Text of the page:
This isn't the story of my journey into mindfulness. It's the story of Joe. Because Joe has a story.
I meet him at a wine bar in downtown Lisbon, on a balmy night when bongo drummers are busking in the nearby square, where crowds are out strolling the streets and drinking in the fun and the perfection of a European city in summer.
I'm out by myself because my partner and I are taking turns – one night, I stay home to look after our baby son while she goes out for dinner; the next night, we swap. So I'm free and easy tonight, eating dinner for one at By The Wine, one of the slew of nouveau eateries in the trendy Portuguese capital.
"That's your seat at the bar just there," the waitress says, pointing to the one empty stool. "And you have a friend too. He speaks English, like you."
The guy I will soon come to know as Joe smiles. "Hey man, what's up?" He's got far too many shiny white teeth; a healthy tan; an American accent. No wonder he's friendly.
And so begins one of the more entertaining evenings of my recent travels, one that will go long into the night, that will end at a speakeasy bar in some outer suburb at three in the morning, that will involve wine and cocktails and Ubers and cover charges, that will go deep into discussions of life and death and God and meditation, what we're all doing here and where we're going next.
But first, to meeting Joe. I love this stuff. I love the thrill of the unknown when you're travelling, the idea that you never know who you're going to sit next to, that you have no clue what you'll be able to uncover from a complete stranger, the knowledge and the ideas, the anecdotes and opinions.
This is what travel is all about to me: people. Endlessly fascinating, strange, thoughtful, quirky people.
Joe is a mindfulness guru. I mean, he's actually a salesman of high-end dental equipment. But he's also a mindfulness guru, the self-published author of two self-help books and a speaker at conferences and events. This takes about 10 minutes – a glass of wine, a perusal of the menu – to discover.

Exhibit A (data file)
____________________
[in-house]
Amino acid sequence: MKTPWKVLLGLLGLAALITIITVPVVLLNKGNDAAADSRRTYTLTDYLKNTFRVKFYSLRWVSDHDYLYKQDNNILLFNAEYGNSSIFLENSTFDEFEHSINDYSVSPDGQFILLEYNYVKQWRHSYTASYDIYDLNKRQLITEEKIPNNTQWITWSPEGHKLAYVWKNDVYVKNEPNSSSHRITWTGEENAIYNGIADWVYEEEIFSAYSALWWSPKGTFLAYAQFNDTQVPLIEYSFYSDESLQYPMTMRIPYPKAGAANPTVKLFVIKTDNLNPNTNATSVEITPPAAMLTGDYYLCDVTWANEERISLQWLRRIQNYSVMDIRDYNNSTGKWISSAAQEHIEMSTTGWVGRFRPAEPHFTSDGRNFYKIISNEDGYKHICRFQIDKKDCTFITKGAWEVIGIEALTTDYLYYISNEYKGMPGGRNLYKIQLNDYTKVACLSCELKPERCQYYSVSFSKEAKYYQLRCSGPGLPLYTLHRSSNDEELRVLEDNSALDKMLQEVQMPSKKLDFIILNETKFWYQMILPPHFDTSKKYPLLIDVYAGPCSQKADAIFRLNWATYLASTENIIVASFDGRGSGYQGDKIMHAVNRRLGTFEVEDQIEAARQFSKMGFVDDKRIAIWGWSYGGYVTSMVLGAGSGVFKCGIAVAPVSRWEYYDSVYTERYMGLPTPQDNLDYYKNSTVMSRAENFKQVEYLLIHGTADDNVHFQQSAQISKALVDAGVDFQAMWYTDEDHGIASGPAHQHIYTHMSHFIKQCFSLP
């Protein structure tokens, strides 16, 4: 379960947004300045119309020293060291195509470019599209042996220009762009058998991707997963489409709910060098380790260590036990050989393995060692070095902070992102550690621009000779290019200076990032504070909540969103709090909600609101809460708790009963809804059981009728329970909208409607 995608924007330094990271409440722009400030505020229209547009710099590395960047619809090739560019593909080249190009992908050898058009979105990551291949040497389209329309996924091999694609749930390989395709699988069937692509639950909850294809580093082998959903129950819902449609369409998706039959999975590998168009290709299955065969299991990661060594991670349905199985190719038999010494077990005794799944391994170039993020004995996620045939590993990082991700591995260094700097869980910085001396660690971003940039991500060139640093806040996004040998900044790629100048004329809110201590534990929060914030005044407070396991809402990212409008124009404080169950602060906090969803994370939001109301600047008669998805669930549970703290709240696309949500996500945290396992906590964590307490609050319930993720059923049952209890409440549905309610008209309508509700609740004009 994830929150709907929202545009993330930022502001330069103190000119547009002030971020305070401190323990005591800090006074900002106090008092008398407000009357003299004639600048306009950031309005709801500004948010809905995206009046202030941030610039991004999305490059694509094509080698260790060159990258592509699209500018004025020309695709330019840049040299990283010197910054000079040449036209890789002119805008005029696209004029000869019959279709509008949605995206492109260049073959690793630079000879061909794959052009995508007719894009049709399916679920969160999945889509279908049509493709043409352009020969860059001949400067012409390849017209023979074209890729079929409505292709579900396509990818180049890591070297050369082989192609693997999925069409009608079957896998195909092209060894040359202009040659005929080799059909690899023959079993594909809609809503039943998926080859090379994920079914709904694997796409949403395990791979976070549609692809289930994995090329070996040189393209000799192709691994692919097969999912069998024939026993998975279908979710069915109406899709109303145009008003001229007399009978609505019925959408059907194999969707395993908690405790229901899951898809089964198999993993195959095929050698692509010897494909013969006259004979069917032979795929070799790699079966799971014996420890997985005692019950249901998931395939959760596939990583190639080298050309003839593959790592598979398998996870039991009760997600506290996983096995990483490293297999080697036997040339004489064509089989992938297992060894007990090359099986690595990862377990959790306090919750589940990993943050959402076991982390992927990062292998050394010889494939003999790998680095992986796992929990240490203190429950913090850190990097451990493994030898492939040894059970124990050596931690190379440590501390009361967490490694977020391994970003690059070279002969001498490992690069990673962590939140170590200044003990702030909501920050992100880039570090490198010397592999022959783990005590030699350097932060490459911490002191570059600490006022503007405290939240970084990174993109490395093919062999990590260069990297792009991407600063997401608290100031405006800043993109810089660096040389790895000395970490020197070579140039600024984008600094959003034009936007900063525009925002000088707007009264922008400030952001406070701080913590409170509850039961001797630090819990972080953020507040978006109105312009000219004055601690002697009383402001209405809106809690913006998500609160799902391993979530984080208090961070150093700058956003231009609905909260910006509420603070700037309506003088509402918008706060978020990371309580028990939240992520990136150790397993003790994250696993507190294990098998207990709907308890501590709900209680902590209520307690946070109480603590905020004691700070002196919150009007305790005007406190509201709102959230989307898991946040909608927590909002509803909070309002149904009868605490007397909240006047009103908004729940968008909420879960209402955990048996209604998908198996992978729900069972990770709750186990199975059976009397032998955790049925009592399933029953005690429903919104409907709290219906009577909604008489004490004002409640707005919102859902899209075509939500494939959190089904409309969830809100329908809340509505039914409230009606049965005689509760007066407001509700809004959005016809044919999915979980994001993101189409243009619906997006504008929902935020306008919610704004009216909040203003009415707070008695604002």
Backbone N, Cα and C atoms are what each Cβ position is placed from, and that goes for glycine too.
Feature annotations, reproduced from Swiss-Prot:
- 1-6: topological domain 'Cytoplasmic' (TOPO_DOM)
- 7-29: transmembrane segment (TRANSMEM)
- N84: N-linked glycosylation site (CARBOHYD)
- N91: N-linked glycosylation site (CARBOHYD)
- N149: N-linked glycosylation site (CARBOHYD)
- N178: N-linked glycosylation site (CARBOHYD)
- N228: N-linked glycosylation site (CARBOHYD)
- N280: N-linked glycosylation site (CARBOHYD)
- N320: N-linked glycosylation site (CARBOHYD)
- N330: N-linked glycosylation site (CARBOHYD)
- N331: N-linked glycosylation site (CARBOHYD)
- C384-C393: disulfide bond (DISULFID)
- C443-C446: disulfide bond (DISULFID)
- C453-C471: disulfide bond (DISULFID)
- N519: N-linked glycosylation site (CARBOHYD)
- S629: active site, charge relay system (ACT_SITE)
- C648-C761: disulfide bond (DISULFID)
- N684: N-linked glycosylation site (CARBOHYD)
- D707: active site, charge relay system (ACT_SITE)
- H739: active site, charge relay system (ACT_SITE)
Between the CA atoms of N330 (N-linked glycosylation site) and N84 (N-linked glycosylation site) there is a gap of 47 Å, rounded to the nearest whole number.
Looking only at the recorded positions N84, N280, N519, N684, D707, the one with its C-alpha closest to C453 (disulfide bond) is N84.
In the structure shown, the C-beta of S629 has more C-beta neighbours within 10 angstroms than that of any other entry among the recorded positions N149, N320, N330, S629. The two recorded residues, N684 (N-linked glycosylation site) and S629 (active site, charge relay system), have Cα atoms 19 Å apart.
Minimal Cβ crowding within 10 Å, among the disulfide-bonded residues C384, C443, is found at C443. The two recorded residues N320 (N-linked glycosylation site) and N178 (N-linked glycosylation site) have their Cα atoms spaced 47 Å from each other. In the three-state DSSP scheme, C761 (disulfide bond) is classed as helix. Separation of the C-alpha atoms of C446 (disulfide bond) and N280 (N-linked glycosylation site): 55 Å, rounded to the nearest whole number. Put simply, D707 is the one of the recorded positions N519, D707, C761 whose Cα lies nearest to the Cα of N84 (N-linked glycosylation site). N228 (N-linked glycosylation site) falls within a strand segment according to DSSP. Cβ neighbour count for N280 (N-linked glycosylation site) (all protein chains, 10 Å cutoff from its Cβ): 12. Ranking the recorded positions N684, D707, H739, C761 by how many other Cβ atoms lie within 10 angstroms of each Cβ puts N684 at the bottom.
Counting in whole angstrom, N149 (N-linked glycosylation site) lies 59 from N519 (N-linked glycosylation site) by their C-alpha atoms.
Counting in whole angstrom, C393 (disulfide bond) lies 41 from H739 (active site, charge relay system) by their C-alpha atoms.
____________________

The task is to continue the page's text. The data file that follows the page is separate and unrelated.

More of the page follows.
Meanwhile, I've sent a quick text to my partner, letting her know I got to the bar OK, and that I've found myself next to a mindfulness preacher. "Have you run in the opposite direction?" she replies. I've thought about it.
But that's not what chance encounters on your travels are about. They're about hearing people out, about teasing out their stories, about hearing new perspectives and making your own decisions about things. So I stay and we talk.
Joe's wife died a few years ago. She died of cancer in her early 30s. It was a long and heartbreaking episode, one that changed Joe's life from the one he imagined and always wanted to the awful one he never expected but was forced to live.
And so, he travelled. He's been travelling the world almost non-stop since.
He bought an old Land Rover in Costa Rica and drove it home to Chicago. He paid bribes to cartels and cops along the way. He briefly considered fighting a group of Mexican schoolgirls who laid spikes on the road in front of his car and demanded payment. "But I kinda thought," he chuckles, "that even if I win, even if I get away, I'm the guy who beat up a bunch of schoolgirls."
On his journey, his new journey, he's discovered the power of meditation. He's learned to focus on why he's here, instead of why his wife is not. He's changed his idea of God and religion from the traditional Christian one to something that includes reincarnation and a soul's endless quest. He's discovered, too, that he gains a sense of purpose from passing on the knowledge that only incredible grief can bring.
I'm not a potential convert for Joe. I don't meditate, I don't practise mindfulness, I don't believe in God. And I'm happy with all of that.
But I'm also happy to listen, happy to hear someone's tale. And that tale takes us from the wine bar, where we end up sharing a few bottles and – eventually – a few plates of food ("The only reason we get upset about having to wait is expectation," Joe intones. "Take away your expectations, and you're happy.") to a far-off speakeasy, where we sit in a dark room and sip whisky cocktails and solve all the world's problems, and maybe a few of our own.
I leave to go home, eventually, totally energised, charged by Joe's charisma, inspired by his daring travel tales, loving the fact that you can go out in this world knowing no one, with no goal in mind, no plans or expectations, and still meet the most interesting people.
That's something we should all be mindful of.
Have you met any interesting characters on your travels? Anyone who's changed your life or how you look at the world? Is there any way to make sure you have these encounters?